How to Deal with First-Year Anxiety

by Molly Scott

First-years, you’re in the home stretch! NSOP is almost over, but the first day of classes is just around the corner and chances are you are still not entirely comfortable here (no one is). Try to relax and take things as they come, but just in case you’re experiencing some beginning-of-college jitters, here are a few tips to deal with some of the most common sources of first-year anxiety.

Soon enough, this will feel like home!

Adjustment to Living in New York City
For those first-years who aren’t from a city environment, living in New York can be very exciting but scary. It’s important to realize that both Barnard and Columbia’s campuses are havens from the hustle and bustle of Manhattan. Venturing out into the city is fun and taking advantage of all that NYC has to offer is important, but you will always have a calm place to return to when you reach campus. It may take a little while to get acquainted with the constant sound of traffic, but after a few weeks, it becomes background noise and is not very noticeable.

Roommate Concerns
Living with a roommate for the first time can cause some major anxiety. You will be living with this person for almost nine months, after all. The best way to calm these worries is good communication with you roommate(s). Be up front right away with your concerns about living with this person. Tell your roommate that you would appreciate quiet in the morning because you like to sleep late or that you are a night owl but will be respectful of her desire to go to bed early. Just remember to be honest and open and your relationship with your roommate will most likely be amicable. There’s a good chance that you’ll become friends for the duration of your Barnard years, but that is definitely not always the case. What’s most important is that you and your roommate comfortable with your living situation.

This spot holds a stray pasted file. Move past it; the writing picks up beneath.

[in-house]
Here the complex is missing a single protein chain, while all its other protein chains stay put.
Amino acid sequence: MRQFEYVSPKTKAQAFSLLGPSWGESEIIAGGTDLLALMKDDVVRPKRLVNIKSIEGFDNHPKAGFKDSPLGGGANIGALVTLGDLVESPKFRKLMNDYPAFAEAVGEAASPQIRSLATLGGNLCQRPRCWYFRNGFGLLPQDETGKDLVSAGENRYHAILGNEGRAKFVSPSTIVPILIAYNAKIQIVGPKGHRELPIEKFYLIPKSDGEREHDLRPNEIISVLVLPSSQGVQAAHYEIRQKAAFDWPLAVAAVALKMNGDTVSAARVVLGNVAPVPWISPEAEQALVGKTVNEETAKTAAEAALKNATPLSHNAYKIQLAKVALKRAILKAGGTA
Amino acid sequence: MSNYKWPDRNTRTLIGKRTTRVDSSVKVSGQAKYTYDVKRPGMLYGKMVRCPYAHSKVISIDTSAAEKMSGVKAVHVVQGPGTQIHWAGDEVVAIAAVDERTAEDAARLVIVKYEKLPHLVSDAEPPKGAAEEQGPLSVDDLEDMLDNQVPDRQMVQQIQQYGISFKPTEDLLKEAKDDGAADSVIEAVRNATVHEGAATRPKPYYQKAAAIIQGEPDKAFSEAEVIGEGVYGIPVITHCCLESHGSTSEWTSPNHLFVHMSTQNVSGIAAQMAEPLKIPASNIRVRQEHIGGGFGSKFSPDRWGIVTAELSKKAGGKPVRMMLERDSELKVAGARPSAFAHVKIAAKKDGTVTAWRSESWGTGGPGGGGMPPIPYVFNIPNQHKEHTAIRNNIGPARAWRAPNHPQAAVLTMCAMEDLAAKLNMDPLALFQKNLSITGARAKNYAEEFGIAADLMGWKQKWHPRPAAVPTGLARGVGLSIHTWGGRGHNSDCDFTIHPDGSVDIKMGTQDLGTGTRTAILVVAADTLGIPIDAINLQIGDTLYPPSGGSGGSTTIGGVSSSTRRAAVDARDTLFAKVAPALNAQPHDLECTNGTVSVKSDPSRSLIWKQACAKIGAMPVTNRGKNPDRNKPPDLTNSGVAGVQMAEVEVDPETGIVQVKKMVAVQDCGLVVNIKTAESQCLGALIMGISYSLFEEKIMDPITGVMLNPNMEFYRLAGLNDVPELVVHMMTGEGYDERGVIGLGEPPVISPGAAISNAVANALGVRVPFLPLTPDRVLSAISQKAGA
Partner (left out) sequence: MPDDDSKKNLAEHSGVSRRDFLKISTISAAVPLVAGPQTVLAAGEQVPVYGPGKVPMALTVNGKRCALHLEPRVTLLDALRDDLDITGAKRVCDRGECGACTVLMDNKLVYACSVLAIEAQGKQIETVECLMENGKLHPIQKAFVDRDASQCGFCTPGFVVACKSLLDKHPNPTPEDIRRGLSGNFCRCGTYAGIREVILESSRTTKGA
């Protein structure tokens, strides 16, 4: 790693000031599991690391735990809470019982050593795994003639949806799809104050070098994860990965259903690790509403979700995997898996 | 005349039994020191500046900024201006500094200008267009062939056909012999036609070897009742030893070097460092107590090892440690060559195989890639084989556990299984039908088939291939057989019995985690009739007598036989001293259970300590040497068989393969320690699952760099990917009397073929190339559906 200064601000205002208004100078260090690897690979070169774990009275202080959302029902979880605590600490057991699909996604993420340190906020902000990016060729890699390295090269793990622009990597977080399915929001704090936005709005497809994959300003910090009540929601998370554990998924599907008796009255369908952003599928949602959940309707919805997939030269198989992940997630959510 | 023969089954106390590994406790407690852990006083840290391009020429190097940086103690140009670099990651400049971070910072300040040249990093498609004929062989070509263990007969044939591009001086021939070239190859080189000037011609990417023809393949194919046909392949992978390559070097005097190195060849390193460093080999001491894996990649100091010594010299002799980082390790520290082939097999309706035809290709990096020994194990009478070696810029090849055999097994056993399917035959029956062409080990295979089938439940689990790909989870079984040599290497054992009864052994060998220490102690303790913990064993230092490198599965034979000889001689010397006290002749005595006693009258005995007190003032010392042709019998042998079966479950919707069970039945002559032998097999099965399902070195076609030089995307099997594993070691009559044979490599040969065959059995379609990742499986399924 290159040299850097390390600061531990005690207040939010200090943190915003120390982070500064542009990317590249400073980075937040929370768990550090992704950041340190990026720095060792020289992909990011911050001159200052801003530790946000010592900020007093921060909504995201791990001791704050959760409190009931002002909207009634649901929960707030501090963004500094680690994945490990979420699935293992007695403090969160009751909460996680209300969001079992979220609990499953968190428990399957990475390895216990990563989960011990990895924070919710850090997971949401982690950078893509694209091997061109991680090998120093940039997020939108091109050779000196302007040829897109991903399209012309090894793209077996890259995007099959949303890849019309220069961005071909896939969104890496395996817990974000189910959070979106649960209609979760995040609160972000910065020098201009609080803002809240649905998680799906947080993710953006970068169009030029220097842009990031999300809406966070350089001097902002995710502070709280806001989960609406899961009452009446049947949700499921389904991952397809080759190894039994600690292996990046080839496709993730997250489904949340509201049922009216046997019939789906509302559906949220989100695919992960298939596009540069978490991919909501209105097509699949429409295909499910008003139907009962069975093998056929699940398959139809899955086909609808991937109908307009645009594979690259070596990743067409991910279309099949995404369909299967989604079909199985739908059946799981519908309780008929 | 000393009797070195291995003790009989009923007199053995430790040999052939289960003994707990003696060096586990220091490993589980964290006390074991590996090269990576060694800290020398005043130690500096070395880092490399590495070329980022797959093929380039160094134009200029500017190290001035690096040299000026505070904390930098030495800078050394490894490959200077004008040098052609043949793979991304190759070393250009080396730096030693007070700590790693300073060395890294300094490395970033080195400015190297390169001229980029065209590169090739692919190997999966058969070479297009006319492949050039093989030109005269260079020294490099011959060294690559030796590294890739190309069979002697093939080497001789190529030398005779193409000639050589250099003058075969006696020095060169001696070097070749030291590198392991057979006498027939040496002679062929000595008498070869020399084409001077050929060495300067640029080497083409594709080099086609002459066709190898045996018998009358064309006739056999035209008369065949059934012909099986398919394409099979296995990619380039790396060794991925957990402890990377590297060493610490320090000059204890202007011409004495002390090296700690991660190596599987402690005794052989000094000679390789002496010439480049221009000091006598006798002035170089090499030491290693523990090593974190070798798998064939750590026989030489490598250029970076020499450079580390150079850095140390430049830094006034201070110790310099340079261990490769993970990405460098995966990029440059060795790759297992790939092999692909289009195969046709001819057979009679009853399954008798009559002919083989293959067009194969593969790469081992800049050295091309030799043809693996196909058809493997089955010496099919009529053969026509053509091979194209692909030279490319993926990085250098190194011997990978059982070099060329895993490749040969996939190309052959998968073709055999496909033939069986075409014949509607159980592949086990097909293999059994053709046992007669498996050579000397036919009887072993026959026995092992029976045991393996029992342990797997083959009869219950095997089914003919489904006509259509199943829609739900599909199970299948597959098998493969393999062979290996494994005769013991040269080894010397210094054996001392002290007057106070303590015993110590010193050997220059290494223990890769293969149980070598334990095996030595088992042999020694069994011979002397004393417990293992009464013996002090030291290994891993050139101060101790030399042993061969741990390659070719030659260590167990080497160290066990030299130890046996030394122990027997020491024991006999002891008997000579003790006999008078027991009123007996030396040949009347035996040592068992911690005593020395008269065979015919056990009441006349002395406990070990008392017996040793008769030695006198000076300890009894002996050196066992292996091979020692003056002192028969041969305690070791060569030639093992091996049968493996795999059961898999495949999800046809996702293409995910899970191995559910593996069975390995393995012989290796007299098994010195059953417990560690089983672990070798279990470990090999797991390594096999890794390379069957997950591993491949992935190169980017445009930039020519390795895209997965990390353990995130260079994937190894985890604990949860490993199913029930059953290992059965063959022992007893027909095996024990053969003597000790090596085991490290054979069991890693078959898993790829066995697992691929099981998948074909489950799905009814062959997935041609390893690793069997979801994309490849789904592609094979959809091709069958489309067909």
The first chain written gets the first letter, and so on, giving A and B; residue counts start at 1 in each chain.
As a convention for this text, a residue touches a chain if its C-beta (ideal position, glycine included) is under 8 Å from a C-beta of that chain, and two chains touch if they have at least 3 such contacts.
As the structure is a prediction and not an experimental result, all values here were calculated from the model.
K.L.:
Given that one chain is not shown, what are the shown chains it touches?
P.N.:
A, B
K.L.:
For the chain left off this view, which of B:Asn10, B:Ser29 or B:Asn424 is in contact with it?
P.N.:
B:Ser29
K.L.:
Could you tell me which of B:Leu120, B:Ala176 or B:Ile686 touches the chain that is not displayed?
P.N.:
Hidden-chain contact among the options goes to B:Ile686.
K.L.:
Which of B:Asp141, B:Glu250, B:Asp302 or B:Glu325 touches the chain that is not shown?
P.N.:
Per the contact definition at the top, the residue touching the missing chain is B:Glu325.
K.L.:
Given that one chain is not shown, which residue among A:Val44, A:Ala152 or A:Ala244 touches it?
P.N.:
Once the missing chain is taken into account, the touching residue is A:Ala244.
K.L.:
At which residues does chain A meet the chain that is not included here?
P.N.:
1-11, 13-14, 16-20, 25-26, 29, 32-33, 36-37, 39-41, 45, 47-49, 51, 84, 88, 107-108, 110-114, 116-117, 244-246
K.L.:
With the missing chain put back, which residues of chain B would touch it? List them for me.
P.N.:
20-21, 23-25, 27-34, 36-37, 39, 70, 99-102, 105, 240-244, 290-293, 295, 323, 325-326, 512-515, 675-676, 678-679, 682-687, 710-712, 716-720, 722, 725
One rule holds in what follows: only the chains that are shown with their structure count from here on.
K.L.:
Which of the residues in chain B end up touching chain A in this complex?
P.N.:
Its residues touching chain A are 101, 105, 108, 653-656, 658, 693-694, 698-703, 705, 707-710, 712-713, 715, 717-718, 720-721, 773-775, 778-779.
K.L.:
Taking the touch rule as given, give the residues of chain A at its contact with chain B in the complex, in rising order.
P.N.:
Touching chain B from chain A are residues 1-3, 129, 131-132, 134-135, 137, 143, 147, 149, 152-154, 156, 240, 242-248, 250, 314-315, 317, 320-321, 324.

Yikes, those are a lotta books.

Making New Friends
Coming to college is an incredible opportunity to make friendships that will last a lifetime. NSOP may seem like a time when friendships are being forced upon you, but it’s OK if you don’t meet your best friend your first week at Barnard. The key to making new friends is by truly being yourself and just having natural conversations with people. Friendships develop over time, don’t rush them. Talk to your neighbor, the person sitting next to you in French class, or join a group of people sitting in Hewitt. You never know when a great friendship could blossom.

Class Stress / Workload
Most first-years are nervous that the workload in college is going to be unmanageable and extremely overwhelming. This is, for the most part, not the case. Yes, there is a good amount of work, but the trick is time management. You have so much free time in college and learning how to use it effectively is something that will happen over time, naturally. You will have the time to do the readings for your classes and write papers, don’t stress!

This is an unavoidable feeling you’re going to experience. It’s normal, it’s healthy, and it’s important to acknowledge it. Everyone is going through it, even if it seems like everyone on your hallway is totally loving NSOP and not missing home. Here’s an article about homesickness and how to cope with it.

Molly is a junior at Barnard and Senior Editor of The Nine Ways of Knowing.

Images courtesy of The Working World and Gerber Life.


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